Last time, I was lucky to see the eagles soar in front of and above the moving moon (see picture). To see that the Eagles have a larger wingspan than the diameter of the moon was amazing. This was a moment where I thought: “Although I don’t have the best camera to get this on a photo, this picture will be on burned on my retina for the rest of my life”. Well, you can have worse things burned on your retina. They seem to chill on the thermals and soar a bit through their territory. Why not? If I could soar I would be soaring all day. The more time I spend here in the mountains, the more I think I was born in the wrong country (without mountains) and born in the wrong nest (without wings). Probably my ancestors took the wrong turn tens or even hundreds of million years ago. You would have amazing eyesight and probably see cape leopards weekly. And the views from high up in the air. Wow that must be amazing. When you’re not on your nest, incubating or caring for your chick, you’re searching for Dassies in the Cederberg or Molerats, Helmeted guineafowl and Angulate tortoises in the Sandveld. I would rather live in the Cederberg, because there are more mountains and less annoying pied crows. I’ve seen some chases between pied crows and the eagles. Sometimes the eagles were being chased and sometimes the eagles chased the crows.Although they fly as if they´re in full control, their walking appears to be clumsy. They walk like criminals. With their head a bit down as if they are hiding something.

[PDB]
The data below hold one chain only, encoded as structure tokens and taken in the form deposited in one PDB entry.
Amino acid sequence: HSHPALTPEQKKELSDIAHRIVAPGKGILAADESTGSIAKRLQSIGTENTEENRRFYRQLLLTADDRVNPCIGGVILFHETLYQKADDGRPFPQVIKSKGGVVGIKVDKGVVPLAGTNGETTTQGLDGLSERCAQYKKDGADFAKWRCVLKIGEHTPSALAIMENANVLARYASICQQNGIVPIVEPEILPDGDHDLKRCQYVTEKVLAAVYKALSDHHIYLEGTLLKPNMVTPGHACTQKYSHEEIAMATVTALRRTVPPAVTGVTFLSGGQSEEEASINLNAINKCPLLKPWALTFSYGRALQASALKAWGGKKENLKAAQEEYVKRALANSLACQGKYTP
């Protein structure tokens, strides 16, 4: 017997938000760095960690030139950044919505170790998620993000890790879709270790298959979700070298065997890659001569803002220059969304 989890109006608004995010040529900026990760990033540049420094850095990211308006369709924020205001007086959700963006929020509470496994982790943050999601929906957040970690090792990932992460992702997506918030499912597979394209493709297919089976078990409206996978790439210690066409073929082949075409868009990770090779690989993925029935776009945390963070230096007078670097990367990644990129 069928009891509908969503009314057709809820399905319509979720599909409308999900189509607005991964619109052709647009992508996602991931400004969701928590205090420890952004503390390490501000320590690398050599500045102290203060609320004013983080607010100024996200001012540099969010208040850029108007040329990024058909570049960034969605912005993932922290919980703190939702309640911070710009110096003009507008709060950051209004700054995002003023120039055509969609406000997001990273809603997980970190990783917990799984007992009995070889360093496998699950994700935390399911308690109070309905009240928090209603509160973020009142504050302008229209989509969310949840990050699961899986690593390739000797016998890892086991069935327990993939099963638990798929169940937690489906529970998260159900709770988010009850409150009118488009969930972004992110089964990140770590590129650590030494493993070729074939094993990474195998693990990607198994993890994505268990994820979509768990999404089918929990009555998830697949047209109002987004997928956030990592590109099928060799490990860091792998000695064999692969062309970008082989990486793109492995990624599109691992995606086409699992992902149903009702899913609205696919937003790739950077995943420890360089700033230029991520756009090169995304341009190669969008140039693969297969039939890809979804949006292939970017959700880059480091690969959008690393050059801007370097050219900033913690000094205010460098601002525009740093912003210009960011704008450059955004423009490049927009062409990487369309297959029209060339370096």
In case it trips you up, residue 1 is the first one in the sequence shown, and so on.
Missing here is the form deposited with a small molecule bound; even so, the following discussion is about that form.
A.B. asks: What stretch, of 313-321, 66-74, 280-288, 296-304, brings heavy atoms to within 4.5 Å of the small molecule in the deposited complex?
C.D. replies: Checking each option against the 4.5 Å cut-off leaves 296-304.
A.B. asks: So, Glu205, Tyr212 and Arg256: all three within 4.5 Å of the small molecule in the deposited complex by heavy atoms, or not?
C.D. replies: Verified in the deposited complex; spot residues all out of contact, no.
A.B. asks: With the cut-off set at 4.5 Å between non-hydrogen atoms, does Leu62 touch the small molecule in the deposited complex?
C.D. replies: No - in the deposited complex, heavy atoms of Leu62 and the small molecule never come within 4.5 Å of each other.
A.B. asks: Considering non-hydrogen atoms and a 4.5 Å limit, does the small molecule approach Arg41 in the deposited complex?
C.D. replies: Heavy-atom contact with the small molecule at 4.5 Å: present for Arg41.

Dreams and more
I have even had my first dream about eagles. It took me approximately two weeks of observations. It was a nice dream where I had 3 eagles in view, but I wasn´t sure if the third was a juvenile or another species. I was warned that I would get hooked to the eagles, but I am not afraid of getting hooked. I am an easy victim, because I think I am pretty close to that state. Keeping in mind that I haven´t even seen a chick yet and I not even half way through my fieldwork. During my fieldwork I find myself sexing the eagles when I see one. When one is on the nest I think: “She’s on the nest”. And when I see one flying I think: “He’s flying”. This is unintentional and I don’t know how to get rid of this thought. But as long as I don’t write it in my notebook it doesn’t do any harm.
Next blog will be about how an eagle observer spends his Sundays in the Cederberg.
Here I am, sitting behind my desk. Locked in my 15m2
hut with the rain pouring down on my roof and the wind desperately trying to
get in. I can hear it knocking but I am not answering. With only Jack Johnson
singing his songs. Can´t you see that it´s just raining, ain´t no need to go
outside. After two and a half weeks of solo trips I have felt snow, rain,
clouds and have seen a lot of rainbows, sun and, of course, Black eagles. And
lots of mountains with beautiful views and impressive rock formations, formed
by wind, water and frost.
In my days in the Spanish Pyrenees I read somewhere.
Happiness is only real when shared. Well, that doesn’t count for me. “My”
eagles give me so many air shows and joyful moments (more on this later). And
the views here!!.. From certain spots you can see for many miles (hard to
estimate how far). These views give me goose bumps. I realize what I miss in
the Netherlands. And not to forget the rainbows. Every time I try to approach